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I have created a toolbar with tools that do the split of the road and ranges, both using the traditional split (one road at a time) and a Planarize split (many intersecting roads selected at one time split where they intersect each other). I just warn the user if they did not select a feature. I won't build a tool that pauses for a user to select a line ...


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Your output needs to be either a shapefile or a geodatabase feature class. Currently you aren't outputting either: C:\Code\Module6\Bufferroads does not exist If this were a shapefile the output would be C:\Code\Module6\Bufferroads.shp, and if it were a geodatabase feature class the output would be something like C:\Code\Module6\output.gdb\Bufferroads ...


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If you're looking for the length of a field, you can use arcpy.ListFields which returns a list of field objects that contain information about the field (List Fields: http://pro.arcgis.com/en/pro-app/arcpy/functions/listfields.htm , Field Objects: http://pro.arcgis.com/en/pro-app/arcpy/classes/field.htm ). field_info = arcpy.ListFields(data) for field in ...


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The function you're using to auto increment IDs is meant for use in the field calculator; in the field calculator you have to define the global variable to be used by other rows in the table, otherwise all your values would be 1. For your purposes, you necessarily need to define rec as a global variable, and you don't need to create a function to add 1 (...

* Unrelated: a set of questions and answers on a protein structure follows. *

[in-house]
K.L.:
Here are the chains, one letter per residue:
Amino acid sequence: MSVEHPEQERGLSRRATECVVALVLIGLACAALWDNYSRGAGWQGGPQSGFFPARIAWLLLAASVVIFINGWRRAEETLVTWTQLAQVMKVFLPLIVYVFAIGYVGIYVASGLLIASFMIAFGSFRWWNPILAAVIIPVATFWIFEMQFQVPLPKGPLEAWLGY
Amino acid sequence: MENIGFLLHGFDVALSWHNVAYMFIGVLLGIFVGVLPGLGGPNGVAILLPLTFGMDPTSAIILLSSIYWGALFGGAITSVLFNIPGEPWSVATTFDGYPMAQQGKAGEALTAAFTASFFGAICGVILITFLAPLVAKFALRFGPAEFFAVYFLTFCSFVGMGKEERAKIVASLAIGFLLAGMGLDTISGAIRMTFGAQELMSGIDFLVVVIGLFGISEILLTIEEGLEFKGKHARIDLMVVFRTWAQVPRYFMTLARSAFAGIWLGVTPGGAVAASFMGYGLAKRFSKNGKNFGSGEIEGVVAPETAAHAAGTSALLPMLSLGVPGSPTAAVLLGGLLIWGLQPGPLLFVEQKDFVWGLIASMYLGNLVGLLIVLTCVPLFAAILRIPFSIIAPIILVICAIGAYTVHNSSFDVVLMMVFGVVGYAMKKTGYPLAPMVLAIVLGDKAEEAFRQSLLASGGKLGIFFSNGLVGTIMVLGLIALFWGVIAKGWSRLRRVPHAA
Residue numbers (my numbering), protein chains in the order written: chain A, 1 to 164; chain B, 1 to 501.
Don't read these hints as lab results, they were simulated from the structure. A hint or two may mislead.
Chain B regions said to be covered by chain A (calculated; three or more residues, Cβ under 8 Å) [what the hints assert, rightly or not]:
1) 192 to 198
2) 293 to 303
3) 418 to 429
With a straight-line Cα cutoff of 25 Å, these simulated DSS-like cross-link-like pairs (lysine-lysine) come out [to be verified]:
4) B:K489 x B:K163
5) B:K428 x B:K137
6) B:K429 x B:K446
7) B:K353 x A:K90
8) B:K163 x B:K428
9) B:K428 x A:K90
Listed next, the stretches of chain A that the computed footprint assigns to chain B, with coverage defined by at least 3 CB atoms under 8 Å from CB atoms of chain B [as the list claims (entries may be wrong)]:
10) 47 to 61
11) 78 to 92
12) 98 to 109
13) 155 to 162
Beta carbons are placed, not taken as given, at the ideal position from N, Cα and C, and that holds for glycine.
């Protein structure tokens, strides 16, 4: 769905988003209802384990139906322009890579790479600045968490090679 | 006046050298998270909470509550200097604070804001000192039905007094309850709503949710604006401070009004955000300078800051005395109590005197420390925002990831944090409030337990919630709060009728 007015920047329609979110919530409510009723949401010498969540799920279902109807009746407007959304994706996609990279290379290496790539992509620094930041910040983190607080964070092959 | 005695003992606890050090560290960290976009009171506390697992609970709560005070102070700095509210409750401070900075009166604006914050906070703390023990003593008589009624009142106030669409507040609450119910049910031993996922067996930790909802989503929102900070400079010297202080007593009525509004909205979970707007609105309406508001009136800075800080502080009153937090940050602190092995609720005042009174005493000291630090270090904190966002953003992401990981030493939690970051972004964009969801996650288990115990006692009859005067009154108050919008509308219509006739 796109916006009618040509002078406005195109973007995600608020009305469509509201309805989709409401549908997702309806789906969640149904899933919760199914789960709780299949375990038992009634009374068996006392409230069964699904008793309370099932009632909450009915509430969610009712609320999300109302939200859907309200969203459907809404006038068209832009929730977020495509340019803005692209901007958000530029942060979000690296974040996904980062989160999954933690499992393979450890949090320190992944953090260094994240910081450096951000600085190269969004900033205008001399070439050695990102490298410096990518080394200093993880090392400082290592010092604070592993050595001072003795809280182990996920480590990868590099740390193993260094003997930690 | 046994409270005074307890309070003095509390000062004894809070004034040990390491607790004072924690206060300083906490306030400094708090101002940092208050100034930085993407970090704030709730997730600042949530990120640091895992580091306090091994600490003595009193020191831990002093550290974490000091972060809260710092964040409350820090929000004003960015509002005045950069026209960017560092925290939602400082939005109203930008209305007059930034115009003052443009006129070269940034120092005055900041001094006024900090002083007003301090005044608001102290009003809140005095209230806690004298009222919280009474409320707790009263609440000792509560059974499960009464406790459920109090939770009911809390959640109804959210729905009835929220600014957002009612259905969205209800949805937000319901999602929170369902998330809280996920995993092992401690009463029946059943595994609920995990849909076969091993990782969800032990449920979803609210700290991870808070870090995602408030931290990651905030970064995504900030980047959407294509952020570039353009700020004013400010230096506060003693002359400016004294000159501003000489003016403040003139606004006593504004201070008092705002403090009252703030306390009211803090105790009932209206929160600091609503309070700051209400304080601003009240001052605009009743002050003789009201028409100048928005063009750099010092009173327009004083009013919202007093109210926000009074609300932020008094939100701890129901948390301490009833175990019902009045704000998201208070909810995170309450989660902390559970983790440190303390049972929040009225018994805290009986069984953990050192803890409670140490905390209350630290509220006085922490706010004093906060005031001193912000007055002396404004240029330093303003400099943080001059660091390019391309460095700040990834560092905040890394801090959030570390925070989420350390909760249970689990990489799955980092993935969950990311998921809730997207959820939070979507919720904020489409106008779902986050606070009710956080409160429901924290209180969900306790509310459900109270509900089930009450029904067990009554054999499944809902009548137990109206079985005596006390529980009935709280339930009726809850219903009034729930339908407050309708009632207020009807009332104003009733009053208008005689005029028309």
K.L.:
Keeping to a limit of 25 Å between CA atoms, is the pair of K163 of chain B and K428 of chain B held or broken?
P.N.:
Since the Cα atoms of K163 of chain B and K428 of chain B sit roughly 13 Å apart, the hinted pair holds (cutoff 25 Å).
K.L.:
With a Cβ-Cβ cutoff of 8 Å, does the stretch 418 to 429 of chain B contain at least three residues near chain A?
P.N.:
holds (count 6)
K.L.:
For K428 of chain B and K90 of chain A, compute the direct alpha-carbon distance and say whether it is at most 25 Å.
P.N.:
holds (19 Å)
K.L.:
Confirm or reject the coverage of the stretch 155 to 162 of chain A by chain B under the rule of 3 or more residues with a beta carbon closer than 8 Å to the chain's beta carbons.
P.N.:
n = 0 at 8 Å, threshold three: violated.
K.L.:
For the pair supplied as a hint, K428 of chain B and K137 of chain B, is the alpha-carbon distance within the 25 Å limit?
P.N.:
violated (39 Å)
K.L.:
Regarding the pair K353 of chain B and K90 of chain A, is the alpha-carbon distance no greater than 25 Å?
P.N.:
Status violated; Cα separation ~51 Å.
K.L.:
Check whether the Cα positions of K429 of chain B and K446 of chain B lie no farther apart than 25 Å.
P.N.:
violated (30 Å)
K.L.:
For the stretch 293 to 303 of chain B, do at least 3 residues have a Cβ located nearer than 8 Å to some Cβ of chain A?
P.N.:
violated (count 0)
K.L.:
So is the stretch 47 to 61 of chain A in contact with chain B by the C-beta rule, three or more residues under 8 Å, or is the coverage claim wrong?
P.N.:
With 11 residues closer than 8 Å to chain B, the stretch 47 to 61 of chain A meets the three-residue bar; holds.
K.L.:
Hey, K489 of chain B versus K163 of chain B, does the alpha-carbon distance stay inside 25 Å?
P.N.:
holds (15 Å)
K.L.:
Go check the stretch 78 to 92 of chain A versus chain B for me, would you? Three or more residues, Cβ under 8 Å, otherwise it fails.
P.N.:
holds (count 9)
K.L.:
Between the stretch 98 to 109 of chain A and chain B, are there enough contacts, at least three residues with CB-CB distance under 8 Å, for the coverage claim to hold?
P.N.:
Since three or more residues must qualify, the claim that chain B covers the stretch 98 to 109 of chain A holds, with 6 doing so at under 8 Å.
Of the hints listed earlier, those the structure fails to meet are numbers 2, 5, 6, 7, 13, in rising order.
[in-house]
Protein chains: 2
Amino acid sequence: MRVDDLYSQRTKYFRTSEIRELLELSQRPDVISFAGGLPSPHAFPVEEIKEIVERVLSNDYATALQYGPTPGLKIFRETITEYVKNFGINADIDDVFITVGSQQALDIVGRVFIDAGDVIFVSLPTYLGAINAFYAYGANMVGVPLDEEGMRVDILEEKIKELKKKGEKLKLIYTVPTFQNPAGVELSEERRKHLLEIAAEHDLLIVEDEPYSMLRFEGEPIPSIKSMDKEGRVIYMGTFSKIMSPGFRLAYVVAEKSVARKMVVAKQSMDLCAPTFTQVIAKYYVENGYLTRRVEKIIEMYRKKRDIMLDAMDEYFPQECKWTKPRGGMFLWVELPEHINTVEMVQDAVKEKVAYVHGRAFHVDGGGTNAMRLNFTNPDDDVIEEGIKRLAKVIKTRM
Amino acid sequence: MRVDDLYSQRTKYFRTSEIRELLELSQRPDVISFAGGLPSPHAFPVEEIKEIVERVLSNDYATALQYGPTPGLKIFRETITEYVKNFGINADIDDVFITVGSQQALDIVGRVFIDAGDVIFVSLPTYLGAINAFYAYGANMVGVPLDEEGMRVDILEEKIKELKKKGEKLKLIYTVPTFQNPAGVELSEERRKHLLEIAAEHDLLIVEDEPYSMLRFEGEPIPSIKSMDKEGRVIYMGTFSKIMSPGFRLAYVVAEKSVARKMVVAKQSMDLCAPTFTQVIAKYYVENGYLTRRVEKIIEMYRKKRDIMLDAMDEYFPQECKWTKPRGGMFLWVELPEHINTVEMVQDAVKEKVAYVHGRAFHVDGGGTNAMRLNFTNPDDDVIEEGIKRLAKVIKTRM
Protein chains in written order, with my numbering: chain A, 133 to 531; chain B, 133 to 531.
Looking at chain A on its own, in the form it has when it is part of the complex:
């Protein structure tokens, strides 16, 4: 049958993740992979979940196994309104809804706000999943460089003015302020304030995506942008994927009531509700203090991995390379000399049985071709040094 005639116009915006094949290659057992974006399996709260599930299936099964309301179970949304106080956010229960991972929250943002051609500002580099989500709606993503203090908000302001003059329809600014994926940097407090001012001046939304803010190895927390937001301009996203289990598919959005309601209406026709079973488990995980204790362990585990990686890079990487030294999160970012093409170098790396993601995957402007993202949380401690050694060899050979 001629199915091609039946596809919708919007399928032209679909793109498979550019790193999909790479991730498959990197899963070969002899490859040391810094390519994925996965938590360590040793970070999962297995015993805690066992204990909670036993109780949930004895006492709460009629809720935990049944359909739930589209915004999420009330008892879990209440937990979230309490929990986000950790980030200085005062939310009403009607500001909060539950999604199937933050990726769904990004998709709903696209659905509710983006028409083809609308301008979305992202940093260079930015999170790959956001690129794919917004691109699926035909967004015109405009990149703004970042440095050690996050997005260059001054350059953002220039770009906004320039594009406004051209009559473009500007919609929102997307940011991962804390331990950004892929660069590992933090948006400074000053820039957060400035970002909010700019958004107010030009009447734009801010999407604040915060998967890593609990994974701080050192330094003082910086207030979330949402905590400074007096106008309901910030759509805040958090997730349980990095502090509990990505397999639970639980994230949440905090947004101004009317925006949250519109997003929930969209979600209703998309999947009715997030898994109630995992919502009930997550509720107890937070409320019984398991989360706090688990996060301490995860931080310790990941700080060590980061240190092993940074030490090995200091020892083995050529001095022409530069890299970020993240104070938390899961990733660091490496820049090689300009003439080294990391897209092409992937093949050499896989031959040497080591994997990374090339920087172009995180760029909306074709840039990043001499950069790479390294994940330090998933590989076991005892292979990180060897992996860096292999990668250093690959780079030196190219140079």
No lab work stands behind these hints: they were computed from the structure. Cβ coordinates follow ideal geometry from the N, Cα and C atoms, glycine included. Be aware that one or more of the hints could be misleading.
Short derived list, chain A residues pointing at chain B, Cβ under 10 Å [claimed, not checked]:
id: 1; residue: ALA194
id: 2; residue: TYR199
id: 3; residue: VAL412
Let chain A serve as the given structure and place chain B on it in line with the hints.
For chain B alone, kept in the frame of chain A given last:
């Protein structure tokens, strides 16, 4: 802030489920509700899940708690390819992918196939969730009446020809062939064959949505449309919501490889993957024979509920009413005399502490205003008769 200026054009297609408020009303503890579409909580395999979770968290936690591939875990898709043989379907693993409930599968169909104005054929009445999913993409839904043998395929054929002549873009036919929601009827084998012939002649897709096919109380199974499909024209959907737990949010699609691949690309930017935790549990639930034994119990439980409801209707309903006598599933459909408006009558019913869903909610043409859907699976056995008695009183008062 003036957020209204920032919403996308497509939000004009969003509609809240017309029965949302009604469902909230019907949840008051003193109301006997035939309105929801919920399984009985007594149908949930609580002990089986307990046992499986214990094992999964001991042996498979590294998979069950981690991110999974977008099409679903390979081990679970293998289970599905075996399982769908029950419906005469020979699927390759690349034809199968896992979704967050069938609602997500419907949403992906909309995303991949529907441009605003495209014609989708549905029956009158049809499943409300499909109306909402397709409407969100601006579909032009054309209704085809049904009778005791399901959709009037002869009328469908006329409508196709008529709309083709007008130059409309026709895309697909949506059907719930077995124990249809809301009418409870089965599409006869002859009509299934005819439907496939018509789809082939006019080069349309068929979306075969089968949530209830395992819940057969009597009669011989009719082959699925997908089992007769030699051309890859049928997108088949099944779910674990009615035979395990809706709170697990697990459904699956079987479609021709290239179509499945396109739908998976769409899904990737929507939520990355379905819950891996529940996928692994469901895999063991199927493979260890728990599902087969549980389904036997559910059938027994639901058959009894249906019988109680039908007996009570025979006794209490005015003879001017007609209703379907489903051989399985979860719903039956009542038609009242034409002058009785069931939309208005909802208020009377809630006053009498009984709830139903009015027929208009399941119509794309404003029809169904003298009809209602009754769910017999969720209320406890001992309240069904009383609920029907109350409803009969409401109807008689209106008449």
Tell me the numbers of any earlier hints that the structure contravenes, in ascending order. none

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As pointed out by @Ali here, while self.Destory() does not work, the issue can be solved by making sure that a new instance of self.Dialog is created each time the tool is run. The following if/then statement causes the creation of the dialog to be bypassed if it already exists: if self.dlg is None: self.dlg = TestDialog() else: self.dlg.Show(...


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I think you are correct regarding the script only changing the UI. This is because the dlg attribute of your ToolClass2 is always pointing to the same instance of the TestDialog UI class. When you first run the tool, the TestDialog instance is created and your Add-in works as intended. Next time, since self.dlg is not None, your else clause just shows the ...


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Dear dof1985 thanks for your comment I did it by the following code : import arcpy from arcpy import env from arcpy.sa import * import arcpy, os import arcpy.da env.workspace = "E:/spring/cases/main/9_jan_2016/New Folder/output" output1=r"E:\main\9_jan_2016\New Folder" output=r"E:\main\9_jan_2016\New Folder\output\test" output2=r"E:\main\9_jan_2016\...


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Using it as-is (other than a different path to GDB) I had no issues running your code. import arcpy as arc #arc.env.workspace = r"I:\\folder\\FGDB.gdb\\" arc.env.workspace = r"D:\\temp\\SE\\Time.gdb\\" for fc in arc.ListFeatureClasses(): #outfc = "I:\\folder\\FGDB.gdb\\" outfc = "D:\\temp\\SE\\Time.gdb\\" arc.ConvertTimeField_management(fc,"...


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First I would suggest looking at Arcpy.GetMessages() to see if there are some more helpful error messages that arcpy is giving that you aren't seeing. One big problem that I've run into with MosaictoNewRaster_management is it failing when I am trying to merge too many rasters together which ends in failure when the resulting raster would be too large for ...